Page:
With 5 lanes permitted on Detroit Road, Avon could be required by the courts to rezone Detroit Road in a manner that is "constitutionally permissible." It could be argued that five lanes of pavement on Detroit Road make single family residential use impossible and that the entire length of Detroit Road should be zoned commercial or for apartments, now, even before another square foot of pavement is added.

Removing Detroit Road Preservation from Avon's Charter would nullify the charter amendment adopted on November 7, 2006, which requires an affirmative public vote to rezone residential property south of Detroit for commercial purposes. Using "constitutionally permissible," commercial and multifamily would creep south from Detroit Road.

Apartments on Detroit Rd. could add 15,000 people to Avon's build-out population. Avon has an area of 20.9 square miles. Parma has an area of 20.8 square miles and had a population of about 87,000 in 2003. Five lanes of pavement on Detroit Road would be consumed by the traffic generated on Detroit Road.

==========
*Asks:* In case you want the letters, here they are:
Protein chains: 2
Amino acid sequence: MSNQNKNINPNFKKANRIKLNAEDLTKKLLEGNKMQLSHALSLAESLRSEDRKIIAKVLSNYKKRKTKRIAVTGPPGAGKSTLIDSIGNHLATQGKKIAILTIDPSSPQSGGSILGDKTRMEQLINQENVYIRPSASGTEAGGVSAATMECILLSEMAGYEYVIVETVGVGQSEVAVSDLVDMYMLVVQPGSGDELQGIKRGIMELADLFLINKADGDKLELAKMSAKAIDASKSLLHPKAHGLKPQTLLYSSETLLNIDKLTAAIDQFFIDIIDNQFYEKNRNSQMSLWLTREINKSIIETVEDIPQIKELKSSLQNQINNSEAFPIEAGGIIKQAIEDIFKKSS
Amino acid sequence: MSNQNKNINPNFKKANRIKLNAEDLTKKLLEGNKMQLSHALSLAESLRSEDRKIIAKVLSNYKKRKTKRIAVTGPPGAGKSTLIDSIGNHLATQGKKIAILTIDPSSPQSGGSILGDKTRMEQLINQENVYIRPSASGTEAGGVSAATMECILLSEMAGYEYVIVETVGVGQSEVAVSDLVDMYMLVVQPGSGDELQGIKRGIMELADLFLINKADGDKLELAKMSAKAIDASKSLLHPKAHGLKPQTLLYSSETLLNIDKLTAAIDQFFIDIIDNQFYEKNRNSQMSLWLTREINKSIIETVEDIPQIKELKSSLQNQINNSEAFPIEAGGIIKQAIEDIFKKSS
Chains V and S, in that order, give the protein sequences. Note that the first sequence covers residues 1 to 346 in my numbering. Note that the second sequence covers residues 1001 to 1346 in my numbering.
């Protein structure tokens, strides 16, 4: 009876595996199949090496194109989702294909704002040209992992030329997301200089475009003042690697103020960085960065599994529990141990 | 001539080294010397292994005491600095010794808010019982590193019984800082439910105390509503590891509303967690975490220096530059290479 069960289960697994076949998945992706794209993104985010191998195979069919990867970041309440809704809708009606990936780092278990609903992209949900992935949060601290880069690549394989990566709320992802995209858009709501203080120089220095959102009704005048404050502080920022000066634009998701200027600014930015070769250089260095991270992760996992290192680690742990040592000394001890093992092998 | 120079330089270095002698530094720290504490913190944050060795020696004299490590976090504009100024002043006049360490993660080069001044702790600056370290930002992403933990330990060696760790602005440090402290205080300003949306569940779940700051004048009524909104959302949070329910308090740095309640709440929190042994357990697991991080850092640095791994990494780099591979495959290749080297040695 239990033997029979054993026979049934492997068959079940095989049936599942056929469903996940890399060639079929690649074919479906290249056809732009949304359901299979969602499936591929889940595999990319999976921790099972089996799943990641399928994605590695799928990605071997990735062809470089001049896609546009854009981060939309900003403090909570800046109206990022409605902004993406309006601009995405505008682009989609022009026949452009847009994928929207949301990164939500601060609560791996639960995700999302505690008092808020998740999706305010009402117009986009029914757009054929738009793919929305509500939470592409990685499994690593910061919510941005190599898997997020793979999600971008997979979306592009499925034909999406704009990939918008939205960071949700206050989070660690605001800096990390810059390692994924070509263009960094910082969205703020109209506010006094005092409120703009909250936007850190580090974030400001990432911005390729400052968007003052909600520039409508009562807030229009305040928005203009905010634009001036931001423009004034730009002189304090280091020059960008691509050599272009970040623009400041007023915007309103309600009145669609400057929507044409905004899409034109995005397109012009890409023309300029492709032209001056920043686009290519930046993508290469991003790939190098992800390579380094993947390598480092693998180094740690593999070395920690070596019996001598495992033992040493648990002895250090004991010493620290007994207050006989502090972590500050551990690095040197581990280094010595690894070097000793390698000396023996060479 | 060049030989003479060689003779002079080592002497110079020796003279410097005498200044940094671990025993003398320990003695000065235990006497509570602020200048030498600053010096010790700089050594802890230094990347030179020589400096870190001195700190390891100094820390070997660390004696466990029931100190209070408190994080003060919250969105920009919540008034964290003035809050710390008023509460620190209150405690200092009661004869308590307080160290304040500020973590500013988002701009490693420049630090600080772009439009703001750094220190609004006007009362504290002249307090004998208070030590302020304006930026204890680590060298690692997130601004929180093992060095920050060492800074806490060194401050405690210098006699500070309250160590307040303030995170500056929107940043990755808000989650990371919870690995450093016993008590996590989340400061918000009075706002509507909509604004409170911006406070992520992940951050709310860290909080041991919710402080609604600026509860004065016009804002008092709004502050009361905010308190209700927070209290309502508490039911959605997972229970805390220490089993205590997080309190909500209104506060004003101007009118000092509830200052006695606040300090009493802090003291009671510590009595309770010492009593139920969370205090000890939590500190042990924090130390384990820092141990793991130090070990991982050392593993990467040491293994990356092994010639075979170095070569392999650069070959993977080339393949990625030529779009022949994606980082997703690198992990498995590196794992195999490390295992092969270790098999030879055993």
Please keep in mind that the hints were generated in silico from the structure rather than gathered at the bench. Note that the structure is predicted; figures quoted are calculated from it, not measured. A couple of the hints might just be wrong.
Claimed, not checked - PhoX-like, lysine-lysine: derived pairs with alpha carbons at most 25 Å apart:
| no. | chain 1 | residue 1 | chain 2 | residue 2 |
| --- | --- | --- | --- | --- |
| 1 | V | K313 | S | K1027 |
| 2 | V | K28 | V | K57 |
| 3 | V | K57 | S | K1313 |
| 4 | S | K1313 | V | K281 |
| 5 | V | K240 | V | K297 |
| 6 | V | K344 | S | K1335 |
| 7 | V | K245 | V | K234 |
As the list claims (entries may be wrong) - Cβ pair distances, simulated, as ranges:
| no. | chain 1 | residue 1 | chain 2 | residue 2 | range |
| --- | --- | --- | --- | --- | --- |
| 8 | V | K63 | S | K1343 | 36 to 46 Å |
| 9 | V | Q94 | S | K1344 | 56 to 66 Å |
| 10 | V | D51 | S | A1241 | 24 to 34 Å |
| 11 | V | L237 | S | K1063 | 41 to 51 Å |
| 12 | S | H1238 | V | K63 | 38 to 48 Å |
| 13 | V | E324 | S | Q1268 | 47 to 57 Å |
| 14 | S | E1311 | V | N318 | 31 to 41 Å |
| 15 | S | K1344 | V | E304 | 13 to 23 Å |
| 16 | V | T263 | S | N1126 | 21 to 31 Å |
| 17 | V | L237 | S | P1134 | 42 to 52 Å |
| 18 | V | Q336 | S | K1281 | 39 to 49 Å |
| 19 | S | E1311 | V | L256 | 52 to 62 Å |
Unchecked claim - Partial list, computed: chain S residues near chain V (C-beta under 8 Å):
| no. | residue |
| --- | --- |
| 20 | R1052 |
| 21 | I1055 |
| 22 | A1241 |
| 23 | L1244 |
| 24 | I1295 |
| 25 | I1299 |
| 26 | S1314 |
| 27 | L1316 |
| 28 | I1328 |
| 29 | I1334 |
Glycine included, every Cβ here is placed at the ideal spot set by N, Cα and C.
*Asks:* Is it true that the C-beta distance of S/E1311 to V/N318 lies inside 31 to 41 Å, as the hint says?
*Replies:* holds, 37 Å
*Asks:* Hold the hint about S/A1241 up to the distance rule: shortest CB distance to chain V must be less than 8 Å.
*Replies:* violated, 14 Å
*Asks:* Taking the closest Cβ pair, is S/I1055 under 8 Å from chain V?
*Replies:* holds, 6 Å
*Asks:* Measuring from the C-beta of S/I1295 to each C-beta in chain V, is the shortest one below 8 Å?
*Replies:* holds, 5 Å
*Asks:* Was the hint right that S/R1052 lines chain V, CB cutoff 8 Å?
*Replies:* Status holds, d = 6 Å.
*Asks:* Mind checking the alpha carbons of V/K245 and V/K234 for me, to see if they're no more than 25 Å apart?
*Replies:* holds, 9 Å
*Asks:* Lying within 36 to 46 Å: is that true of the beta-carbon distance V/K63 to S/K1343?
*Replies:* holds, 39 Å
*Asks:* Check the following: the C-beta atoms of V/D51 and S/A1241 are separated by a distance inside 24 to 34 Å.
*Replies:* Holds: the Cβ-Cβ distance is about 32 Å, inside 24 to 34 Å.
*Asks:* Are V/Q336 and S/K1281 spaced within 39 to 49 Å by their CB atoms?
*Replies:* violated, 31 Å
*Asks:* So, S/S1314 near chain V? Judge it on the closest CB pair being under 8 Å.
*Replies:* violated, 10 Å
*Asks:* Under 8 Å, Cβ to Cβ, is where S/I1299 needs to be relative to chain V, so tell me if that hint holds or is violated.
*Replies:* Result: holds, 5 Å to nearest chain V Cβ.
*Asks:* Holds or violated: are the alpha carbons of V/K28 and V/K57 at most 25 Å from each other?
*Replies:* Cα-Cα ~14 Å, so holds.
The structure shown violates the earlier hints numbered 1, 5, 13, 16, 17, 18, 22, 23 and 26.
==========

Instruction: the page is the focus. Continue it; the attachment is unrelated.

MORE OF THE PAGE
As far as an interchange at Nagel Rd. is concerned, `more' is not `better'. Another interchange will make travel more dangerous on I-90. Accidents in which a car crosses the median of I-90 into oncoming traffic will continue to rise unless concrete barriers are put up to separate the eastbound and westbound lanes. Why is there no money available for this obvious safety measure when it is proposed to spend $15,000,000 on another interchange?

Why is another off-ramp lane not added such as exists at Crocker Road to relieve rush hour traffic at SR 83? Why isn't the Chester Rd. -- SR 611 mess straightened out at I-90? Let's make some cost effective decisions to improve the quality of life in Avon, not degrade it.]

More Documents Relating to the June 8, 1998, Decision Against Avon

Newspaper Record of XXXXX/Jacobs in Avon